Blue is a simple recessive gene that dilutes the black pigment in the hair shaft. Crossing to silver lilac/mink tends to produce excessive silvering. Blue can have the tendency to rust or look patchy, easily, and should be selected for a clean and even appearance. Poor husbandry/nutrition can cause discoloration in the coat.
Description: Blue can be highly variable, and by determined selection, can be bred to dark and light extremes. There are three shades of blue that are accepted and shown. The darkest shade is called blue. The middle shade is called sky blue. And the lightest shade is called powder blue. These shades are all the same, genetically. The difference is merely which direction the line was selected.
Sky blue is the basic color produced if there has been no selection. Over generations, you can select a line to produce one extreme or another. Blue is created by selecting each generation to be as dark/slate as possible. And powder blue is achieved by selecting the lightest shade from each generation.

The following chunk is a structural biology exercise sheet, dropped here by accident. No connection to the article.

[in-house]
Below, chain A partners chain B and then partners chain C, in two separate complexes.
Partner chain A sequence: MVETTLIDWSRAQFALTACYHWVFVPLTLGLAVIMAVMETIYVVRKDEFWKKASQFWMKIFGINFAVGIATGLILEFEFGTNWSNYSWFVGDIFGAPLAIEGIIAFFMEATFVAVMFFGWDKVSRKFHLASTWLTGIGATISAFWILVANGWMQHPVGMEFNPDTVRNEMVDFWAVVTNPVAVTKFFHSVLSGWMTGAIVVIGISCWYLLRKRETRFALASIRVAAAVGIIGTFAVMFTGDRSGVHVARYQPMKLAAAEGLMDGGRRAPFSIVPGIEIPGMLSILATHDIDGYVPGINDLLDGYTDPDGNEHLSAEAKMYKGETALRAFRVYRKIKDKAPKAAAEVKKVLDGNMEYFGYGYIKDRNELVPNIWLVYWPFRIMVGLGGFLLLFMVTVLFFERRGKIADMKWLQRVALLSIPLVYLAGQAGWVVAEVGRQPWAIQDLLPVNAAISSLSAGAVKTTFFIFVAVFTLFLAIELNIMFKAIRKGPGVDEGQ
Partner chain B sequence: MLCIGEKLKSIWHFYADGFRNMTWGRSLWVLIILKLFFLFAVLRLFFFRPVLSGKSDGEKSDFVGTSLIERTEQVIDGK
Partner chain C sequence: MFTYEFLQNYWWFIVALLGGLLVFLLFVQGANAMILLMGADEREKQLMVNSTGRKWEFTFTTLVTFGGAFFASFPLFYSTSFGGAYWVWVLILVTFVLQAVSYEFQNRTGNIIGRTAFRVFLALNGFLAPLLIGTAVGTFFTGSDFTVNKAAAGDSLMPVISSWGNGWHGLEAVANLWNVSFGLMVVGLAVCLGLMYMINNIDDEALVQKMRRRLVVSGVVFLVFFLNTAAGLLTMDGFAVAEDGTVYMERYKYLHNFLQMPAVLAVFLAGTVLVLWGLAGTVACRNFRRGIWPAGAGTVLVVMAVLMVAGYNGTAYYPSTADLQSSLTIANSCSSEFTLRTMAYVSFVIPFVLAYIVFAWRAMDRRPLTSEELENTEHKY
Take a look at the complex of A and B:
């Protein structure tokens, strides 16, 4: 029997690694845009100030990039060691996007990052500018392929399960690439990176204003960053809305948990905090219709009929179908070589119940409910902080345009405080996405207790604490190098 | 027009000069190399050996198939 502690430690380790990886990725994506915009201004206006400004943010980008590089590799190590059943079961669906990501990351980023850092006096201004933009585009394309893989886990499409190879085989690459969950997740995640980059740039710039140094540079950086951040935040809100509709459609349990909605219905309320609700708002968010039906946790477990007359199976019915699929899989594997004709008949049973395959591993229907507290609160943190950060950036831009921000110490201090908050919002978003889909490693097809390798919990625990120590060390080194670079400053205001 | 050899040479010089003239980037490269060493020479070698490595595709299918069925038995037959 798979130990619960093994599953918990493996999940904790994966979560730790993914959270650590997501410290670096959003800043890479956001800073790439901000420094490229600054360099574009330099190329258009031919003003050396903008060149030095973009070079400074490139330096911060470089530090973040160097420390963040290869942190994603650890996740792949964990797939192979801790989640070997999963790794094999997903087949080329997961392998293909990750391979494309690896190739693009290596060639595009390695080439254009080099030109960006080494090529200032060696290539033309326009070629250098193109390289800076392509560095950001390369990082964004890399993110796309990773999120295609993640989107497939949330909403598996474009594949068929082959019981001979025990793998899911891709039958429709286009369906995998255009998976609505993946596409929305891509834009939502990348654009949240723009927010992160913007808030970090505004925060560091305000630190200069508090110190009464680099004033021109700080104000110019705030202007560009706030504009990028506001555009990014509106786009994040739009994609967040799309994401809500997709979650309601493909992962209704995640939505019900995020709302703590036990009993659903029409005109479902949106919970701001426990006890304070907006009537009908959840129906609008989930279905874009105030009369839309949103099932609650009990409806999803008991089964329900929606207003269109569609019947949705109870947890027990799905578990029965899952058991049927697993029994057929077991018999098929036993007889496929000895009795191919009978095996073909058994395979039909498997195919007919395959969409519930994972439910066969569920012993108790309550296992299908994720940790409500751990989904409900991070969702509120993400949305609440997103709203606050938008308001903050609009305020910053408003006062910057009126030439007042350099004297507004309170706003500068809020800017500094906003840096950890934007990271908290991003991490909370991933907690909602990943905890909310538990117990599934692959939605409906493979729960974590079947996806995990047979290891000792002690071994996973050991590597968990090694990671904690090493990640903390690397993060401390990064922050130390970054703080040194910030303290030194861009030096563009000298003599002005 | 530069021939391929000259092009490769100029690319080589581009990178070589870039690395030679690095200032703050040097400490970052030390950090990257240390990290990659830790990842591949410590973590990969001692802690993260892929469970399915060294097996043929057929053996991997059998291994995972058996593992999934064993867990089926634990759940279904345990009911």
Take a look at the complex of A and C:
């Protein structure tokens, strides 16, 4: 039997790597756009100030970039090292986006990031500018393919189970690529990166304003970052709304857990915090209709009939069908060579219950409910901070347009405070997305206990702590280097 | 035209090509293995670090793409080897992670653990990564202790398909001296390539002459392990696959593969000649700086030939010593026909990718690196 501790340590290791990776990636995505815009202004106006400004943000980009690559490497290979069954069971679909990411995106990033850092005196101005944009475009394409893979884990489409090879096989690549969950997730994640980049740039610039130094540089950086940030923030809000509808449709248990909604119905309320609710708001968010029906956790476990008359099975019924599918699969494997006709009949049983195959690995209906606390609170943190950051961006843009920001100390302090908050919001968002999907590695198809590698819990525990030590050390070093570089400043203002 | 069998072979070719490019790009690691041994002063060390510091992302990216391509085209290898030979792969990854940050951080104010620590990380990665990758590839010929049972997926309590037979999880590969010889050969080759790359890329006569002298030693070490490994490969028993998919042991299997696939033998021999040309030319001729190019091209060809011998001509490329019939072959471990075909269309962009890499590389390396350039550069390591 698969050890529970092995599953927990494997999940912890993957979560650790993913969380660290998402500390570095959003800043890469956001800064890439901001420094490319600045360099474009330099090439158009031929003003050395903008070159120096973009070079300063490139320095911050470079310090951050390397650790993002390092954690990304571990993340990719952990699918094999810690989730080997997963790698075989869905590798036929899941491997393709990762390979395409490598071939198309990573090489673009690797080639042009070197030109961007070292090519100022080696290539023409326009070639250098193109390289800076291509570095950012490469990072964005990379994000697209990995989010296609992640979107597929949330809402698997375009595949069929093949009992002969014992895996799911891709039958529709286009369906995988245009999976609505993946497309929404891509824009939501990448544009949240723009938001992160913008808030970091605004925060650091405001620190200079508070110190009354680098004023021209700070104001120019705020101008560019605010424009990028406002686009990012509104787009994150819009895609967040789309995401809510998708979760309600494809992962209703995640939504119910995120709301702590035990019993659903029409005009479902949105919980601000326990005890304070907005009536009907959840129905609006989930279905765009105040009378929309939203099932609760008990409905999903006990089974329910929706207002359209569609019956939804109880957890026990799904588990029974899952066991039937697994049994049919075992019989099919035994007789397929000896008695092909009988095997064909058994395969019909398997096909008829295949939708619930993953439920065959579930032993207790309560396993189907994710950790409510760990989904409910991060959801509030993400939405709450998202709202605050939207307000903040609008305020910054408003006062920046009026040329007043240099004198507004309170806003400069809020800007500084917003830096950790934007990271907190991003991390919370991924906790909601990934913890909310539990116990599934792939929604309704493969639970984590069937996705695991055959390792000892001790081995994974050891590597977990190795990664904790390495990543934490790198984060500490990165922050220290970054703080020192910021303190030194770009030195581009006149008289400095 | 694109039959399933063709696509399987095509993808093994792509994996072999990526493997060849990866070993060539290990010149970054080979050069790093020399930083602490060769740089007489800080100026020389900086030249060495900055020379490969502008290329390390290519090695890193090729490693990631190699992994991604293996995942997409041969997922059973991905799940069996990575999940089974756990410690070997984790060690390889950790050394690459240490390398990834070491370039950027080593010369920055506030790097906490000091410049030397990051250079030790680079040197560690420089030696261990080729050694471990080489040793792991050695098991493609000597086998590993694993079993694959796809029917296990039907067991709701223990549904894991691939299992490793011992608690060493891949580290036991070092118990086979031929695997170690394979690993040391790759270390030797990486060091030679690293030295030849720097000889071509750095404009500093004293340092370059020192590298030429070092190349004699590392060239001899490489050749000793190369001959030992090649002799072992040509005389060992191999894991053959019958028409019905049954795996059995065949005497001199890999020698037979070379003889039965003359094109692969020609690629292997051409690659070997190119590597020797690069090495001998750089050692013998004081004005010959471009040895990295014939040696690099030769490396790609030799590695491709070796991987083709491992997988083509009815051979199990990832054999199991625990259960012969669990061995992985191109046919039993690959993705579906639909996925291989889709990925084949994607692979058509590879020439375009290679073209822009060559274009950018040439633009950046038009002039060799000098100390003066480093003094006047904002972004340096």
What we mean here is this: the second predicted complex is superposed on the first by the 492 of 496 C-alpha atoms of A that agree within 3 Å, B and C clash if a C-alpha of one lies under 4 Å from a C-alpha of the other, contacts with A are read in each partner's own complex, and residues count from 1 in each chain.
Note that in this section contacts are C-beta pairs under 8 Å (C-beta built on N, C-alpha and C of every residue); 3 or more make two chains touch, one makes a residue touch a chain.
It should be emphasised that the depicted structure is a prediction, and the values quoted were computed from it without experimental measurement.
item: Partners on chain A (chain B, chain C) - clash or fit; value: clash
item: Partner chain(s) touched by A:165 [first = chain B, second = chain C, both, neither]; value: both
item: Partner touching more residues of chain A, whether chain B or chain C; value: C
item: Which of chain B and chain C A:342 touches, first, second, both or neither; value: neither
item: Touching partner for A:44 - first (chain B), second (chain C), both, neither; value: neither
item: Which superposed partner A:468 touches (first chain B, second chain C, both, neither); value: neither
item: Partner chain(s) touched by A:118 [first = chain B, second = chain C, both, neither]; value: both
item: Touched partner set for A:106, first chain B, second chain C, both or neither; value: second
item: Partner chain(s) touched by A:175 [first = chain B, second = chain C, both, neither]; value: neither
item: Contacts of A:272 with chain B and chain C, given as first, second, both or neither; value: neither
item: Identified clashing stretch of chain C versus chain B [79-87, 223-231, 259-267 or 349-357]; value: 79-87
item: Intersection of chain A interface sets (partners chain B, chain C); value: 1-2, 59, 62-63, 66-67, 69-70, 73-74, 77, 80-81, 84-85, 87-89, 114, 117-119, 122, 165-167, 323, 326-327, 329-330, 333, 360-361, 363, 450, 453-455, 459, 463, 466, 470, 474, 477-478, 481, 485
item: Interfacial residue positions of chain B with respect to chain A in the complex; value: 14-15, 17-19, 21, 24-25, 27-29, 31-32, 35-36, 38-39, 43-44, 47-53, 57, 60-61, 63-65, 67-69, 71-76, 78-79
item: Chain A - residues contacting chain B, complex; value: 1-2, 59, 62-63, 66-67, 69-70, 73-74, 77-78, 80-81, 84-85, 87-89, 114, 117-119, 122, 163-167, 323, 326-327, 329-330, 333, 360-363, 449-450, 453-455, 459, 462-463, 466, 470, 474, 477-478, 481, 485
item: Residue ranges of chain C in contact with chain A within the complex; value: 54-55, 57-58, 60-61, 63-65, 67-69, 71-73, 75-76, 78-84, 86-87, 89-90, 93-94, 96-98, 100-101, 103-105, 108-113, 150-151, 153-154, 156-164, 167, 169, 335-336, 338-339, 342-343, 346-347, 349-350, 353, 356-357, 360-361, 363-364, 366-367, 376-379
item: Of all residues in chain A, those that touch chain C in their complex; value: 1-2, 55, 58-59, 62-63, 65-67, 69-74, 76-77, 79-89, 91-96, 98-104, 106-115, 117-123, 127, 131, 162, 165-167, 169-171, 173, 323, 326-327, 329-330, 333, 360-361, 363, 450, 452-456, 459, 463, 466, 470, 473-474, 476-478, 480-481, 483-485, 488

*Discoloration of the fur - rusting or otherwise
*Light under colors
Blue rats were discovered about the same time, in pet shops in the U.S. and the U.K. The first blue rat documented in the states was found by Sheryl Leisure in mid 1990. The variety was developed initially, in southern California. Interesting note: Sheryl Leisure also discovered the first merle rat.
Blue is also termed "American Blue" to differentiate from Russian blue. However Russian blue is already differentiated by "Russian," and adding to blue seems redundant. NFRS has labeled the dark shade as British blue.
a = black g = recessive blue
American blue agouti
Russian blue agouti
Russian silver agouti
Umber (Aussie Mink/brown)
COLOR - C LOCUS
Marten /Agouti Marten
COLOR - MODIFIERS
BEW (Black Eyed White)
Dominant white spotting